In an unusual and public call to arms, a Los Angeles Chargers lineman posted a letter on The Players’ Tribune … urging the league’s 1,700 players to take a unified stand against pressure from N.F.L. team owners to curb demonstrations during the national anthem before games. “We can either wait until we receive our respective marching orders, speak up individually, or find a way to collaborate, and exercise our agency as the lifeblood of the league.”

No fat lady is going to sing, until the players act collectively and push back on this effort to curtail their rights as workers and Americans.

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Jerry Jones is Breaching the NFL Players’ Contract and Violating Labor Law

Members of the Indianapolis Colts take a knee during the nation anthem before an NFL football game against the Cleveland Browns in Indianapolis, Sunday, Sept. 24, 2017. (AP Photo/Darron Cummings)

New Orleans   I guess no one should be surprised if the owner of the Dallas Cowboys football team occasionally acts like a fool cowboy, but I quickly want to say I mean no offense to cowboys themselves.

In the wake of many players pushing back on the President in order to raise attention to the issues of discrimination against African-Americans and repeated incidents of police brutality, Jerry Jones, first tried to organize the players on his team by taking a knee with them before the anthem and then all standing for the anthem. Now, failing to have his players respond as chattel, he is threatening to unilaterally fire any player on the team who protests during the anthem. An ESPN sportscaster suggested in a tweet twice that advertisers for the Cowboys team should boycott them until Jones steps back and realizes that his players are grown men with the right of free speech. She’s been suspended, but she was on the right track.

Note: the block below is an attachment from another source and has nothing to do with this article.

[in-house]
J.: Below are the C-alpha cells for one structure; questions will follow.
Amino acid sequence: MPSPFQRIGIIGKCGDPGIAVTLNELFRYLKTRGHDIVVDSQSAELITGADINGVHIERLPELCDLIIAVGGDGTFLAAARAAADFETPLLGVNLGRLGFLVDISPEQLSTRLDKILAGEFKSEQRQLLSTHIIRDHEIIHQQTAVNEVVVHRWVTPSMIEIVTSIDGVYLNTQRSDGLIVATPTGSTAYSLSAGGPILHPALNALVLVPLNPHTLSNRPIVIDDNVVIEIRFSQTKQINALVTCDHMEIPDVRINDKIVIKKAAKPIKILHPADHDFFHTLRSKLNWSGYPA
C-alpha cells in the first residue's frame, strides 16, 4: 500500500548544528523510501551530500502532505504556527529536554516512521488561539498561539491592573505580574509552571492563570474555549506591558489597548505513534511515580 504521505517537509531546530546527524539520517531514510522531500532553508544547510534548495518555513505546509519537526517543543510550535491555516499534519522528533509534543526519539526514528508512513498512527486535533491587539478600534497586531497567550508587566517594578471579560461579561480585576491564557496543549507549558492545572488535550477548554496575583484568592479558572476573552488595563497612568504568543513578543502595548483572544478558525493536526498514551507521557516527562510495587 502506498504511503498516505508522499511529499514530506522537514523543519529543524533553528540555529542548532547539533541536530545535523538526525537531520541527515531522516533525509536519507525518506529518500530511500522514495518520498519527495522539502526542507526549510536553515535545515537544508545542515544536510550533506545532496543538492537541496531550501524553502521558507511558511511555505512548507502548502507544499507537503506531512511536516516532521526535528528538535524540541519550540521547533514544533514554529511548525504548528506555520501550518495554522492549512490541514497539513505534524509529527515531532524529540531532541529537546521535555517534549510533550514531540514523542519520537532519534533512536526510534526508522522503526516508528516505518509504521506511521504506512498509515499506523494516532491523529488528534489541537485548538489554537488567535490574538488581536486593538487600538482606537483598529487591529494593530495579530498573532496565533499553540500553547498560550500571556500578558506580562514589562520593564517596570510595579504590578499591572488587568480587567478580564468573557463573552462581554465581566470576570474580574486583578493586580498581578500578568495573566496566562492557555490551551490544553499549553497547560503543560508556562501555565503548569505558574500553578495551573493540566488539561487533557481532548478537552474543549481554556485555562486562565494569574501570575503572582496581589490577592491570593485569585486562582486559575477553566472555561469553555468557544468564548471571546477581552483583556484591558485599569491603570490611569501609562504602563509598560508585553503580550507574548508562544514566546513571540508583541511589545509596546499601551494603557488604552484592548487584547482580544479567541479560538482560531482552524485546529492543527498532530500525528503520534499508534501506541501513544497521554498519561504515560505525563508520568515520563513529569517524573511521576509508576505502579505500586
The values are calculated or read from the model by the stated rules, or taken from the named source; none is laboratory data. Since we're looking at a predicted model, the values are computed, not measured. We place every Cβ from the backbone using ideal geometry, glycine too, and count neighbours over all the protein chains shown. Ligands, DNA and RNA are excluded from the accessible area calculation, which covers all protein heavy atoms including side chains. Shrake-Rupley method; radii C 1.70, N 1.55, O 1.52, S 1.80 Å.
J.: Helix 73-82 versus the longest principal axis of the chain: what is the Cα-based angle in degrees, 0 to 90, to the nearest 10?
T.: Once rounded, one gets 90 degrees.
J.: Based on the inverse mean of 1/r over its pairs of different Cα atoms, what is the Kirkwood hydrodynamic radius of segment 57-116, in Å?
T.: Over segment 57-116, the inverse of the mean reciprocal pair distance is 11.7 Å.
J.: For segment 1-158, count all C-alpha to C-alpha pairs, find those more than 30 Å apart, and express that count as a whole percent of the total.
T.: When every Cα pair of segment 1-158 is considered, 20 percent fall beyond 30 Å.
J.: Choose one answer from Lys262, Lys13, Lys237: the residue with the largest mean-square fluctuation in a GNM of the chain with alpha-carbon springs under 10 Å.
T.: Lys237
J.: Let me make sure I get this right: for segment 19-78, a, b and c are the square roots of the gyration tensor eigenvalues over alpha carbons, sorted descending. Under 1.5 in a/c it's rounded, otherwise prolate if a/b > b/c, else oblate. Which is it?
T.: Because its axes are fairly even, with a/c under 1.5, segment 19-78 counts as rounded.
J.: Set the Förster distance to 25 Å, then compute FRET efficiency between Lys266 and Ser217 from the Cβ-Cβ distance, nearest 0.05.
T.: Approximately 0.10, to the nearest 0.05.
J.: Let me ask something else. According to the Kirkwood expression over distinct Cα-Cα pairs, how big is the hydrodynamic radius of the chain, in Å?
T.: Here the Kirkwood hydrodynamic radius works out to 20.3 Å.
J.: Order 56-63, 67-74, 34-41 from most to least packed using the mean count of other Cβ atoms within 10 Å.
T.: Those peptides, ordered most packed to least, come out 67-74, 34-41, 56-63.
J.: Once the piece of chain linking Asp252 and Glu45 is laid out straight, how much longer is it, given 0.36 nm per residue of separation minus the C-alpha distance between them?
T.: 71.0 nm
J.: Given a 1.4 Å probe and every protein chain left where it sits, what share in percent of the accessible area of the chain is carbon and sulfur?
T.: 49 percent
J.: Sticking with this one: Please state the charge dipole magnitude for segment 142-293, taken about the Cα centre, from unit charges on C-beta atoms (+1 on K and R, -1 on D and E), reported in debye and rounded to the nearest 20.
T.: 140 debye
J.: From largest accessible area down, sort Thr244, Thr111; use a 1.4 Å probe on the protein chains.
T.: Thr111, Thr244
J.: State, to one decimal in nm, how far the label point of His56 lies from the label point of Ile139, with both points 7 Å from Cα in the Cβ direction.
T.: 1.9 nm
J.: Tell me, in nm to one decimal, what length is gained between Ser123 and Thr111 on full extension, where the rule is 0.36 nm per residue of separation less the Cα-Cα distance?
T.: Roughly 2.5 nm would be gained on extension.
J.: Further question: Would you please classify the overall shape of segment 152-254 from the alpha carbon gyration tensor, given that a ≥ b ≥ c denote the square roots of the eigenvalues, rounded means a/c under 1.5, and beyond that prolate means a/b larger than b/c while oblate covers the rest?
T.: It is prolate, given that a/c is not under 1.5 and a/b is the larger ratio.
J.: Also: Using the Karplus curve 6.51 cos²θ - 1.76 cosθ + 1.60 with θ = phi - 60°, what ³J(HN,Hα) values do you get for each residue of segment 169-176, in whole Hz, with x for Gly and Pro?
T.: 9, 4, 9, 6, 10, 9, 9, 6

Meanwhile, the tweeter-in-chief puts the hook on his vice-president, watching his home team play a game in Indianapolis, and pulls him away from the game because players for the San Francisco 49ers were protesting and taking the knee. Many argue that this is just a Trump distraction from his failing presidency, but it all has real life consequences. Colin Kapernick, the former 49er quarterback who started these protests last season, is clearly being blacklisted – and Jones is going out of his way to prove the case with his threats – is so desperate to be hired that reportedly he said he would stand for the anthem if that’s what it took to get a job.

But, here’s my question? Where is the union in all of this? The NFL Players Association should be right in the middle of this mess.

Jones is claiming that he has the right to threaten his players and dismiss them because of some stray language he and his people found in the NFL Code of Conduct. So what? There’s no way that some forgotten and unenforced language in the code that even the league was not requiring would supersede the collective bargaining agreement between the players and the owners. There is no way that such a firing would constitute “just cause” under the contract, and the union needs to speak up and say so.

Furthermore, contract or no contract, to threaten players for taking concerted action on the job is an unfair labor practice under the National Labor Relations Act. Why isn’t the union filing charges now in Dallas to protect the workers? It is against the law to threaten, coerce and intimidate workers for concerted activity, so the union needs to file the charges at the labor board.

It is also against the law to fire or blackball a worker for concerted activity, so why hasn’t the union filed charges for Kapernick? There’s wide consensus and extensive commentary that indicates, particularly at this point in the season, that with quarterback injuries, objective criteria would have a number of teams picking him up to fill a gap, whether as starter or reserve.

The NFL can’t seem to teach us how to play safely, but the least the players can teach everyone in America is that the league – and the country – need to play fair. There’s a law. Make them follow it!